"Mayatin," the native Achuar word for breath, came out of a trip Orts artistic director Anne Bunker and technical director Chuck Koesters took to the Ecuadoran Amazon last spring. Koesters' visceral videos of the rain forest, showcasing raindrops, multi-legged insects and dense vegetation, formed a vibrating backdrop for the work's shape-shifting dancers. Choreographed by Bunker, the dance had seven performers metamorphosing from butterflies to many-legged caterpillars to birds. The dancers gracefully took to the air, via their familiar trapezes, as often as they negotiated the ground. Many passages, particularly the lovely bird and butterfly sequences, evoked the creatures of the teeming jungle. On some occasions, though, the ever-present video, projected on a huge screen, served to obscure the movement.
The jungle piece followed up on "Neurosporatic," another large group work set by Bunker to Koesters' techno music. Overlong at one hour, this three-part work alternated between dancers gyrating on the floor and moving on giant airborne boxes that have evolved way beyond the simple trapeze. The eight dancers achieved elegant sculptural poses on these "flying boxes of death," but more interesting were their vigorous movements on the floor as they conjured up DNA and double helixes. The bravura dancing of the final section ended with a satisfying climb up the ladder of evolution. Worth watching in the future is new Orts apprentice Max Foster, a fine young dancer who's just started high school and had no trouble keeping up with his elders.
The next Orts concert is Improv in the Ortspace, at 8 p.m. Saturday, December 7, at the Ortspace studios, 121 E. Seventh St. For information call 624-3799 or visit www.orts.org.
THIS FRIDAY EVENING, another leading local modern troupe, NEW ARTiculations Dance Theatre, stages In the Works, a showcase for 10 new dances. Among the pieces are a days-of-the-week underwear work, "A Day Late," by new UA dance grads (and new NEW ART members) Laurie Berg and Amanda Stevenson, and an untitled trio danced by new mother Kelly Silliman, her baby, Rosalie, and choreographer April Greengaard.
The concert is a "spin-off" of an artist project called The Field, explained Tammy Rosen, co-artistic director of the company. A New York-based organization that extends a helping hand to choreographers around the country, The Field arranges for workshops to be conducted by local dance professionals. Rosen and Deborah Feldman, also of NEW ART, got Arizona Commission on the Arts backing to train as Field facilitators and give feedback to their dance peers on new work. The Friday concert is a "works-in-progress piece for The Field," Rosen said.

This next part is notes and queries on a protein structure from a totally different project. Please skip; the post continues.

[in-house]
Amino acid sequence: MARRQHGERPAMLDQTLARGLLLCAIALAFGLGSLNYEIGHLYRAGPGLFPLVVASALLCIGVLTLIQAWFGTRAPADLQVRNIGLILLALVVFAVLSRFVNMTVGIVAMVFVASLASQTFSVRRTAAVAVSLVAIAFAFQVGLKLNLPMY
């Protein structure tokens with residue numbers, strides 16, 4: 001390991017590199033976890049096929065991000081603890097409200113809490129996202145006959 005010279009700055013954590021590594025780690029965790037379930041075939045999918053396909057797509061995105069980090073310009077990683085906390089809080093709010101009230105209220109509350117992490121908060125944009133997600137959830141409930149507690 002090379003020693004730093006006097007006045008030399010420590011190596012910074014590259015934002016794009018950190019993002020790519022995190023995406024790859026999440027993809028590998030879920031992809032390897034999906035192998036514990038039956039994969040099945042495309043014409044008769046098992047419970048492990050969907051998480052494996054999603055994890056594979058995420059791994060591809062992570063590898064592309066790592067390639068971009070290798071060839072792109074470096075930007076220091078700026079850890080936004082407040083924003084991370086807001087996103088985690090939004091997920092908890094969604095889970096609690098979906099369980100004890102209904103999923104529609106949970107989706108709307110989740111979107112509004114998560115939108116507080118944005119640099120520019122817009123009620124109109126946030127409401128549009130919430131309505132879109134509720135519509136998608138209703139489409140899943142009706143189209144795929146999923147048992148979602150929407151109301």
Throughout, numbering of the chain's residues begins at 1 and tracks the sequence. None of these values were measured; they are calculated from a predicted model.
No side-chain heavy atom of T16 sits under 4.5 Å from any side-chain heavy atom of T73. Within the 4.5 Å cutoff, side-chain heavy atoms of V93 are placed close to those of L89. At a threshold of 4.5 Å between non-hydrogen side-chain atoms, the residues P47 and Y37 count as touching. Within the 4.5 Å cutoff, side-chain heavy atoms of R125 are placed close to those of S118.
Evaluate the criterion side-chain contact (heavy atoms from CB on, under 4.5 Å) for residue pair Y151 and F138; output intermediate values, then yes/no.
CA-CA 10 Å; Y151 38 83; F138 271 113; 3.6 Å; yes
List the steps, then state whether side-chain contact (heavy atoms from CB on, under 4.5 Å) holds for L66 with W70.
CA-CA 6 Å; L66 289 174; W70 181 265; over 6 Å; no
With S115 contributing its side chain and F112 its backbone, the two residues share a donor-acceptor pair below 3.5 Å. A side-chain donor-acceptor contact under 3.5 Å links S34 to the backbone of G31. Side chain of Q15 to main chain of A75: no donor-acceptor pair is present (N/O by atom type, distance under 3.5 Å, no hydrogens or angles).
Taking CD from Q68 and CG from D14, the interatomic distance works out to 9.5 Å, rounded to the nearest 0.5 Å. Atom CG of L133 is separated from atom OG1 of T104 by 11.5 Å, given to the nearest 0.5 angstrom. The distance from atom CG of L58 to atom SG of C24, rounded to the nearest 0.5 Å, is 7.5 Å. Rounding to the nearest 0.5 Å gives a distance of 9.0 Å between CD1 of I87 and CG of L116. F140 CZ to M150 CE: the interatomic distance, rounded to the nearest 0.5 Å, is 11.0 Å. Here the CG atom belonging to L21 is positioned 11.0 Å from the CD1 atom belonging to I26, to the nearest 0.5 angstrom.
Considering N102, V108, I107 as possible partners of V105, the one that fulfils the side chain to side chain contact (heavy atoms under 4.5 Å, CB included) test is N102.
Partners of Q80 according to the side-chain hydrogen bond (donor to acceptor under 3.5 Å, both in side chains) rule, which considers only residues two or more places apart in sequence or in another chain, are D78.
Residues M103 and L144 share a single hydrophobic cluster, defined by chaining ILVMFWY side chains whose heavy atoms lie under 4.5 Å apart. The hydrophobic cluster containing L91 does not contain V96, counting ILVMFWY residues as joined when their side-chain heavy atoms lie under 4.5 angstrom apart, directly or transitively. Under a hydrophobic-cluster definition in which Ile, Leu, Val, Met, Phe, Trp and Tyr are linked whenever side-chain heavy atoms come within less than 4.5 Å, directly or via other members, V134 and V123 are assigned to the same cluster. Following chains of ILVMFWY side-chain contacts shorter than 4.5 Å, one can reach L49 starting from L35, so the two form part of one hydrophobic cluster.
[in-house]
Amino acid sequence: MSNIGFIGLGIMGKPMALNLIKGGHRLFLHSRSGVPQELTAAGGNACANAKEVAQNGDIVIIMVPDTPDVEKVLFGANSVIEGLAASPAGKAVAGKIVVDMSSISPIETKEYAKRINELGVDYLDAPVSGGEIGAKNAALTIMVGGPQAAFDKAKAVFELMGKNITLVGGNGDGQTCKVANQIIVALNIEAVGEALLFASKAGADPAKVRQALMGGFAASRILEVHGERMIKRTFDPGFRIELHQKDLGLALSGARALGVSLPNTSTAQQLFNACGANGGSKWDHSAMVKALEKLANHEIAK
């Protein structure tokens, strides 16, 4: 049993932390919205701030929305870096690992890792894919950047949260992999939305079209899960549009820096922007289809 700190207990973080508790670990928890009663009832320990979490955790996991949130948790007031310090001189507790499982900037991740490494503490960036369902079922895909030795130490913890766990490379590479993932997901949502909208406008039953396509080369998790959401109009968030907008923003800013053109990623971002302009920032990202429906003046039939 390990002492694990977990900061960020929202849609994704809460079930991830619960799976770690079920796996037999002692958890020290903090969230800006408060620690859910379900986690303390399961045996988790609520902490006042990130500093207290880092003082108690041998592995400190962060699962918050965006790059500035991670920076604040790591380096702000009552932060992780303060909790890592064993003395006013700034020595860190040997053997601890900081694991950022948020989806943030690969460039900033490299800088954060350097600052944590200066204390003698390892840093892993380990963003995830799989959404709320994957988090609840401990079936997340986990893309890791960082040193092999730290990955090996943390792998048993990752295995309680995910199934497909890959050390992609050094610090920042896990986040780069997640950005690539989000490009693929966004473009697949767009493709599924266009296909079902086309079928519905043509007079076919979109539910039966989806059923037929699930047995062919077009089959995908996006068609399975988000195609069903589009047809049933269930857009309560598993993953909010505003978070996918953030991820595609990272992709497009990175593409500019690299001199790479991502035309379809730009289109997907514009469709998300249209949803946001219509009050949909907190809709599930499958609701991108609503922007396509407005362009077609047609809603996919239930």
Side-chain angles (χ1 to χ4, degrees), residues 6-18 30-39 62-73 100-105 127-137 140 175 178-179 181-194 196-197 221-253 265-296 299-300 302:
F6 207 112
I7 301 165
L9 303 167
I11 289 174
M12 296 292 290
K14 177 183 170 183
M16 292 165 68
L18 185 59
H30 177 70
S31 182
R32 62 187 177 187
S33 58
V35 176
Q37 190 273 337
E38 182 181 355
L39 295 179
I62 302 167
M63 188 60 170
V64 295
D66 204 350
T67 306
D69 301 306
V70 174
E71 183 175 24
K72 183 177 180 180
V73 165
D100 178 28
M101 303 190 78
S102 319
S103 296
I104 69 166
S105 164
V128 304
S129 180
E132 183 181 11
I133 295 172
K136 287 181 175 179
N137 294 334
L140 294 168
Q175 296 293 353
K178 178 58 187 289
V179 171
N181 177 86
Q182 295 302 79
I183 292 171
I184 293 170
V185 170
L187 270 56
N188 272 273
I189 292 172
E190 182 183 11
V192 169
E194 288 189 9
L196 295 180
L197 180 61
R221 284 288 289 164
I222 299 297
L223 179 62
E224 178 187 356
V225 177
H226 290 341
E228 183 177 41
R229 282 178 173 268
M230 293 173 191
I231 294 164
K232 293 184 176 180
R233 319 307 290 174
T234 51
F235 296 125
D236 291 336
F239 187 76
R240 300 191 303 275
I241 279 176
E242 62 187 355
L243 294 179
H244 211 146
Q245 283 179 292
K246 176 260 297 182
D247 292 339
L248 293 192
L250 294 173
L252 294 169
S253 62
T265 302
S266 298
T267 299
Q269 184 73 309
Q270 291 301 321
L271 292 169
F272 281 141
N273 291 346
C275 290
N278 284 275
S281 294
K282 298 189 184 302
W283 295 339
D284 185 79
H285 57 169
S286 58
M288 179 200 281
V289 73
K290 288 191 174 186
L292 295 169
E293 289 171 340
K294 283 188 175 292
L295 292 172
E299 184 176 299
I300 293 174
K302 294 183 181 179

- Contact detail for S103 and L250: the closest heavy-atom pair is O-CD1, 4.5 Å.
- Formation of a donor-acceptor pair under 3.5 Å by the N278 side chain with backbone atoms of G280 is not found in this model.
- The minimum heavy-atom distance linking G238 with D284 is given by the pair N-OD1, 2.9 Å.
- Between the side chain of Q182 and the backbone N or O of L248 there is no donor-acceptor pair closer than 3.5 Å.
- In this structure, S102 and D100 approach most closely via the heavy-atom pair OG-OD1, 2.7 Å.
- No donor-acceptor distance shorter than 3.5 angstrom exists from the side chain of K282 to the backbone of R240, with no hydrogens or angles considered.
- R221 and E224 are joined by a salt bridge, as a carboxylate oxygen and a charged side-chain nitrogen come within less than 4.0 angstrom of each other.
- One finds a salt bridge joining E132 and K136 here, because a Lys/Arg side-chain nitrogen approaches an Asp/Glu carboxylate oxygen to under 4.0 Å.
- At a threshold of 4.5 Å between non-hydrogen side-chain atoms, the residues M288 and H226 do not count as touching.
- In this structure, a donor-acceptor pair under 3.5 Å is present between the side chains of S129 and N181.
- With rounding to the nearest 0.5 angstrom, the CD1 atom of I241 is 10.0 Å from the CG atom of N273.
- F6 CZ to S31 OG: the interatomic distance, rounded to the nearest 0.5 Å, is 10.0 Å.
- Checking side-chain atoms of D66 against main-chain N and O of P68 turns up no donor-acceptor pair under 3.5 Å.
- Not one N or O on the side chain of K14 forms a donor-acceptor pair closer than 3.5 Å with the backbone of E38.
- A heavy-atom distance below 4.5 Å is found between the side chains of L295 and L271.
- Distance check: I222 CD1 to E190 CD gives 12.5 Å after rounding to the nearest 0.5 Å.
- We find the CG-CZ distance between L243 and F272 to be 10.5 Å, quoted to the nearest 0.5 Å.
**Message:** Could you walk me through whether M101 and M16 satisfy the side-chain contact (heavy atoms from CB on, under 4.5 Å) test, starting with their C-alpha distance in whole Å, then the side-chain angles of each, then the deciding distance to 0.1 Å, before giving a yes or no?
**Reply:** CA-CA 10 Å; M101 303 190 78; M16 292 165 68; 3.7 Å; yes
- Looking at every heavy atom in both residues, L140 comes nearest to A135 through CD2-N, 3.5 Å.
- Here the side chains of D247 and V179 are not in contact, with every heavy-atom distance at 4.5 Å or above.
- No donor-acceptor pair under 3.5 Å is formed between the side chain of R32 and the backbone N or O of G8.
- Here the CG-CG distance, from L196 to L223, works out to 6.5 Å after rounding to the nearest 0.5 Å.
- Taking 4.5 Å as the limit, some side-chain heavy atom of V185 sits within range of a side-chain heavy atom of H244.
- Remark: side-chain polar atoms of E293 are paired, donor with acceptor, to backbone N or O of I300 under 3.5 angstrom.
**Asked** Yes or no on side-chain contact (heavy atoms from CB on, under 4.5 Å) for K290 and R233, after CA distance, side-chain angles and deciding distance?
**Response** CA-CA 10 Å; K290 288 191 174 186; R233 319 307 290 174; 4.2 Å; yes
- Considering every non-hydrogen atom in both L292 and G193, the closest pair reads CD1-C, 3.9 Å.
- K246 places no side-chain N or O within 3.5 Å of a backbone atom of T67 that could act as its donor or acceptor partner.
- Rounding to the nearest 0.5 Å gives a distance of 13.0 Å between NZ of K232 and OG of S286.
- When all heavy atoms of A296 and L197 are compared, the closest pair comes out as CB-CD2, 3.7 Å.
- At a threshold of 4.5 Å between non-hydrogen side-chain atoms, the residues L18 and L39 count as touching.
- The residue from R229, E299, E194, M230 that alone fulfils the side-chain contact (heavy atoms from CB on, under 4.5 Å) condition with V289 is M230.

Dances on the playbill include the trio "Straight Up," a preview of "Southern Comfort," a longer work being developed by Leigh Ann Rangel for NEW ART's June concert. Also a NEW ART co-artistic director, Rangel recently won an award in the Arizona Choreographers' Competition. Seth Peress will perform his original music live for "Sankof, To Reach Back and Return," a trio by Heather Haeger that had its debut at last weekend's NEW ART Dance Gallery fundraiser. A second Berg and Stevenson piece, as yet untitled, "is a beautiful duet to Björk," Rosen said. "Laurie is tapping, and Amanda is doing modern. Laurie does full-on hoofer tapping, but the modern is just as compelling as the tap."
Curtain rises on In the Works, a modern-dance concert by NEW ARTiculations Dance Theatre, at 8 p.m. Friday, November 8, in the Little Theatre in the Historic YWCA, 738 N. Fifth Ave. Tickets cost $6 at the door. For information call the theater at 629-0237.
THE SHANGHAI BALLET brings Coppélia, one of the jewels of 19th-century French romantic ballet, to Centennial Hall for two performances, on Saturday evening and Sunday afternoon. The 1870 story ballet, originally choreographed by Arthur Saint-Léon, tells the tale of a magical toymaker and a canny village maiden who pretends to be a doll brought to life. Coppélia has the same narrative pedigree as the ever-popular Nutcracker: both are based on stories written by German author E.T.A. Hoffmann.
"It's a romantic comedy ballet," said interpreter Xiuzhen Huang, speaking for company manager Muti Ha by telephone from Atlanta last week. "We think this story is not only for adults but for kids of all ages."
A full complement of 51 dancers from Shanghai will dance the three-act ballet, which includes comical scenes of dancing dolls in the toyshop and folk mazurkas danced in a village square. The leads, Xiofeng Fan, who plays the clever Swanilda, and Shenyi Sun, who dances Franz, her straying fiancé, both won gold medals at an international ballet competition in Bulgaria in 2000, Huang said. They perform among elaborate sets that conjure up a European forest, village and workshop. Unfortunately, a plan to have the Tucson Symphony Orchestra play the Léo Delibes score had to be scratched because of an injury to the tour conductor, and taped music will substitute.
The troupe, founded in 1979, is steeped in the classical repertory, though on this American tour they are alternating a Chinese work, The White-Haired Girl, with Coppélia. Through serial quirks of history, the company is also steeped in classical Russian technique. Russians fleeing the Revolution of 1917 first introduced Chinese to the European art of ballet, Huang says. After China had its own Communist revolution in 1949, Russian teachers of a different political stripe arrived to teach in official ballet schools set up in Beijing and Shanghai. Huang said young children begin studying at the highly selective schools at the age of 9 or 10.
"In the coastal cities ballet is very popular," Huang said, "and there are many amateur dance schools." But in many parts of the country, she added, traditional Chinese dance acrobatics still rule.